Re: problems with DAML+OIL

From: Peter F. Patel-Schneider (
Date: 01/16/01

There would be no (or not much of a) problem with using equivalentTo for
the purposes of asserting equality, if we only look at equivalentTo in
isolation.  However, DAML+OIL makes sameClassAs and samePropertyAs
subproperties of equivalentTo.

Now, in my books at least, a subproperty has to have all the
characteristics of its superproperties.  Equality is (or should be) a very
strong property, either requiring that the two ``terms'' being equated map
to the same semantic object (if we are thinking of a denotational meaning
for equality) or behave in exactly the same way (if we are thinking of an
axiomatic meaning for equality).  This means that two terms related by
equivalentTo will be the same class if one of them is a class and also the
same property if one of them is a property.

If we make sameClassAs and/or samePropertyAs be subproperties of
equivalentTo, then there is no possibility of having two terms (or, maybe,
two semantic objects) that are the same, taken as classes, and different,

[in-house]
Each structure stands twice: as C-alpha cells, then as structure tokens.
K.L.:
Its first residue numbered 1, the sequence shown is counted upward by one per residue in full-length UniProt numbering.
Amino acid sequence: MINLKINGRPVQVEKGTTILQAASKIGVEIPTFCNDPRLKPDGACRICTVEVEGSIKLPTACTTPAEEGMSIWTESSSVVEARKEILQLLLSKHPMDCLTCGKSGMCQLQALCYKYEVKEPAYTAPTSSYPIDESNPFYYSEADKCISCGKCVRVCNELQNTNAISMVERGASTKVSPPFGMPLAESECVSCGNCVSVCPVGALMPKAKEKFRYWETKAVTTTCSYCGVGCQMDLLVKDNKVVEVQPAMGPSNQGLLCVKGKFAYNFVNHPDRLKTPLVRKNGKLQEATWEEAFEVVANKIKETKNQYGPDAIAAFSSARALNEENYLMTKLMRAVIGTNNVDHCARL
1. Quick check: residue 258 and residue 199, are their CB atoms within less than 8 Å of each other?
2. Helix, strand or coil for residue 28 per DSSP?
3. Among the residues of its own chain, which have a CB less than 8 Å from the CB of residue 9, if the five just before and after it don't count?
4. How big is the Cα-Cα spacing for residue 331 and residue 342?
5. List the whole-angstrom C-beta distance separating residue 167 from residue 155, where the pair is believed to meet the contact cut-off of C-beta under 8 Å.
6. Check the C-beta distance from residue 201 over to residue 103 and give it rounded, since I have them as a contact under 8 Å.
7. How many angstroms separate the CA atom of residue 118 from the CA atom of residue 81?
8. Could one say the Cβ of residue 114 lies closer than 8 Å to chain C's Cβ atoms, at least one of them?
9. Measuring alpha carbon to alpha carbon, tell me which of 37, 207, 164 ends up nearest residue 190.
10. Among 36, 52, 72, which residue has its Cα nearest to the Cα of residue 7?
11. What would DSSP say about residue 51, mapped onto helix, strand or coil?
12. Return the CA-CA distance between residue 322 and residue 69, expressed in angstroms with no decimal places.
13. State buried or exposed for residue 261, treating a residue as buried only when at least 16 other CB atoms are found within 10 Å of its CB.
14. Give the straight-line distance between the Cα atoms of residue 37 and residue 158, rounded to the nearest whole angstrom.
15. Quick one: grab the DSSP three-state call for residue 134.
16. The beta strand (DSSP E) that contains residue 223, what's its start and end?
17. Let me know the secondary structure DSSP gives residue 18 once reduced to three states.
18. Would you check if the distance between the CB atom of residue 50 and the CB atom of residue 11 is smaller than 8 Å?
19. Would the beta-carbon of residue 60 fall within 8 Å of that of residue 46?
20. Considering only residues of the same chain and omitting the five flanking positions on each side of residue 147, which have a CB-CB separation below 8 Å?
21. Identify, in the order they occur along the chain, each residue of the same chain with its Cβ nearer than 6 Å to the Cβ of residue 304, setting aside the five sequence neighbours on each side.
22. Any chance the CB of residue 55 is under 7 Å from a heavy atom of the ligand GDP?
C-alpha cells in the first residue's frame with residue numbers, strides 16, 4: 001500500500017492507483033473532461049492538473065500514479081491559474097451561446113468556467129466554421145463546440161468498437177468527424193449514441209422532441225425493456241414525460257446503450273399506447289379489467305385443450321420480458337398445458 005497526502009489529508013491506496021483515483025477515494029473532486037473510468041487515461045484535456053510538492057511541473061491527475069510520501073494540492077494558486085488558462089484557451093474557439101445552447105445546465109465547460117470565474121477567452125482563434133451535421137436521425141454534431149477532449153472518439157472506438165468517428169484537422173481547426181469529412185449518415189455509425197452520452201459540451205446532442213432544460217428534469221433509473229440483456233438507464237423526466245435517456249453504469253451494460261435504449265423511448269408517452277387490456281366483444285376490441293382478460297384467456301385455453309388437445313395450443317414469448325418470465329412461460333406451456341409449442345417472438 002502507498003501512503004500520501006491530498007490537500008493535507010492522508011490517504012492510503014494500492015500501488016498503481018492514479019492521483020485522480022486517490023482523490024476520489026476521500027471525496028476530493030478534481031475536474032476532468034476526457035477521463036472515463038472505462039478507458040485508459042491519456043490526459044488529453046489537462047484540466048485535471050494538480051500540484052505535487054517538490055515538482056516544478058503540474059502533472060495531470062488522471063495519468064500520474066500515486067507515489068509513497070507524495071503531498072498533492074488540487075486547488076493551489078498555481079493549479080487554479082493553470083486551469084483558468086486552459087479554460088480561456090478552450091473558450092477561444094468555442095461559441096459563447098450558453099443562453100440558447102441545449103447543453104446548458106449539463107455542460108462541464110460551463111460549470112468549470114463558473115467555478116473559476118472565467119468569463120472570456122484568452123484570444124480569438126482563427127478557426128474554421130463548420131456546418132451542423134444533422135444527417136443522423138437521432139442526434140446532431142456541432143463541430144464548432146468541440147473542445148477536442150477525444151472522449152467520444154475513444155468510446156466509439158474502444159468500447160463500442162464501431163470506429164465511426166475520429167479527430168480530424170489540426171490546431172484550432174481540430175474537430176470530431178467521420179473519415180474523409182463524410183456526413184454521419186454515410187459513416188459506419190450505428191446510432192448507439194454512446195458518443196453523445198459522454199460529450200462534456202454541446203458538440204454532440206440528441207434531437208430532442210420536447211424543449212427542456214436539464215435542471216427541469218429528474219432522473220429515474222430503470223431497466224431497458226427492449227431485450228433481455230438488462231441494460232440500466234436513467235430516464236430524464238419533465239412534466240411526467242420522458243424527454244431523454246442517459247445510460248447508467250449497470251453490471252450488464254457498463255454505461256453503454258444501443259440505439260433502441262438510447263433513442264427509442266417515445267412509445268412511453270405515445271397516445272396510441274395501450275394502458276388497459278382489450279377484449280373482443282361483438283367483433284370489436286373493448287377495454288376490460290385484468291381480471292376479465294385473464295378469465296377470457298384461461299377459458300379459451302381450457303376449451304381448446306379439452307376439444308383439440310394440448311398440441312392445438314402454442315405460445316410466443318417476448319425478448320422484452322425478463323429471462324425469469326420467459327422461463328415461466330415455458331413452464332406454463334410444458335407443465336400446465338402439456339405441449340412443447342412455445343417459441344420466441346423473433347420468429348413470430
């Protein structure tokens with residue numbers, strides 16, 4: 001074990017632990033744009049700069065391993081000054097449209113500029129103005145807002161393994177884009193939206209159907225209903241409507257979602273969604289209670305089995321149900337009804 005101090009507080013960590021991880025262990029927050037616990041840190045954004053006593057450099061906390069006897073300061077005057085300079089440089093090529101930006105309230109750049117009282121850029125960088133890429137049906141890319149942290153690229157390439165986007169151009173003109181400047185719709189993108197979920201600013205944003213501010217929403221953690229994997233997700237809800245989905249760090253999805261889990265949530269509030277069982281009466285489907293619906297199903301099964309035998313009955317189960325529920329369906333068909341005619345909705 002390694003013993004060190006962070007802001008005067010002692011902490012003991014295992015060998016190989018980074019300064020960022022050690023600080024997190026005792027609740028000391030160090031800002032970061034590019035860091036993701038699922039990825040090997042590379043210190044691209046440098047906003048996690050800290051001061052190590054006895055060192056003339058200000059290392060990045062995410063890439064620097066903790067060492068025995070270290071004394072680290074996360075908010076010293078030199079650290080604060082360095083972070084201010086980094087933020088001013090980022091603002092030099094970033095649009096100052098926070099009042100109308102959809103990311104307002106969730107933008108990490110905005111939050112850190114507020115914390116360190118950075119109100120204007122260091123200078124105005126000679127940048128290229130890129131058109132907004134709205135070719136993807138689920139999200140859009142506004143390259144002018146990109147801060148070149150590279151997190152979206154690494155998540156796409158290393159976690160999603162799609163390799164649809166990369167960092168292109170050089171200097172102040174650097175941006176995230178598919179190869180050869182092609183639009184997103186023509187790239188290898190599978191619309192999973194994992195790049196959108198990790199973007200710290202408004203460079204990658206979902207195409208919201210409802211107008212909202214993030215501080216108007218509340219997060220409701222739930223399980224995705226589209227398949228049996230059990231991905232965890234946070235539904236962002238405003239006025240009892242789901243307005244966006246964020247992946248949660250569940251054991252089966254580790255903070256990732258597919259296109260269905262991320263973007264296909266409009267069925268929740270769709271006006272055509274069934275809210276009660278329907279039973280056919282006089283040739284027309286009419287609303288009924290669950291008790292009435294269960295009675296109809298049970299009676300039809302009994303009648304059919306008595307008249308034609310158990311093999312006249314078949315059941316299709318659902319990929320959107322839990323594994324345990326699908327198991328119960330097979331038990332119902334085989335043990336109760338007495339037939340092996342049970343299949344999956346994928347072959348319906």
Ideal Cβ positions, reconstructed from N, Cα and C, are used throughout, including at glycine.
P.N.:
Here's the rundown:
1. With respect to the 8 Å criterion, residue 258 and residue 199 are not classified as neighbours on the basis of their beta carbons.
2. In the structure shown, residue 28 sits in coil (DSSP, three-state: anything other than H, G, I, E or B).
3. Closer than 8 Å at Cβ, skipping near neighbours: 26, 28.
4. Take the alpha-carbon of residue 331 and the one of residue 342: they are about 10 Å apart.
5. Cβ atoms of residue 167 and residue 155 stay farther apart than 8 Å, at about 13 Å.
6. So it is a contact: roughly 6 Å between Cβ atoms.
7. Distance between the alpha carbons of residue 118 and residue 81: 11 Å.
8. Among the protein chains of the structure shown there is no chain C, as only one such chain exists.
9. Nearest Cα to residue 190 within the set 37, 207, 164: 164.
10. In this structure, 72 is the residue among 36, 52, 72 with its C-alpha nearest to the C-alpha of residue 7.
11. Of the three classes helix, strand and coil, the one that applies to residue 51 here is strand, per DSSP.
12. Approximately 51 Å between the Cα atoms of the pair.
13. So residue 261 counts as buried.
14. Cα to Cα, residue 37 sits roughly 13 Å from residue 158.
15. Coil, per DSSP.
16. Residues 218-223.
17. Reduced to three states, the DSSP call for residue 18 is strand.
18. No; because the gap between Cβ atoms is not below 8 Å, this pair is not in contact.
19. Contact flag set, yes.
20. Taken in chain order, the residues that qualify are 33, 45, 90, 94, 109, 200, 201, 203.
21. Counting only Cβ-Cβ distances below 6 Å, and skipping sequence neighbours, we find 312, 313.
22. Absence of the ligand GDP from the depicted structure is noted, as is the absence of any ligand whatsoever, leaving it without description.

taken as properties, or even different, taken as regular objects.  

One way out of this would be to have several equivalence relationships,
starting with ones that assert extensional equivalence (i.e., that two
terms refer to classes that have the same instances but may not have the
same properties), then ones that assert intensional equivalence (i.e., that
two terms refer to classes that have the same properties but may not be the
same semantic object), and finally full equality or coreference (i.e., that
two terms refer to the same semantic object, and futher, have all the same
semantic properties).   [There are equivalent notions to these denotational
notions on the axiomatic side.] 

Note that this makes equivalentTo be a subproperty of sameClassAs (whether
we interpret sameClassAs as same extension or same intension).

Peter Patel-Schneider

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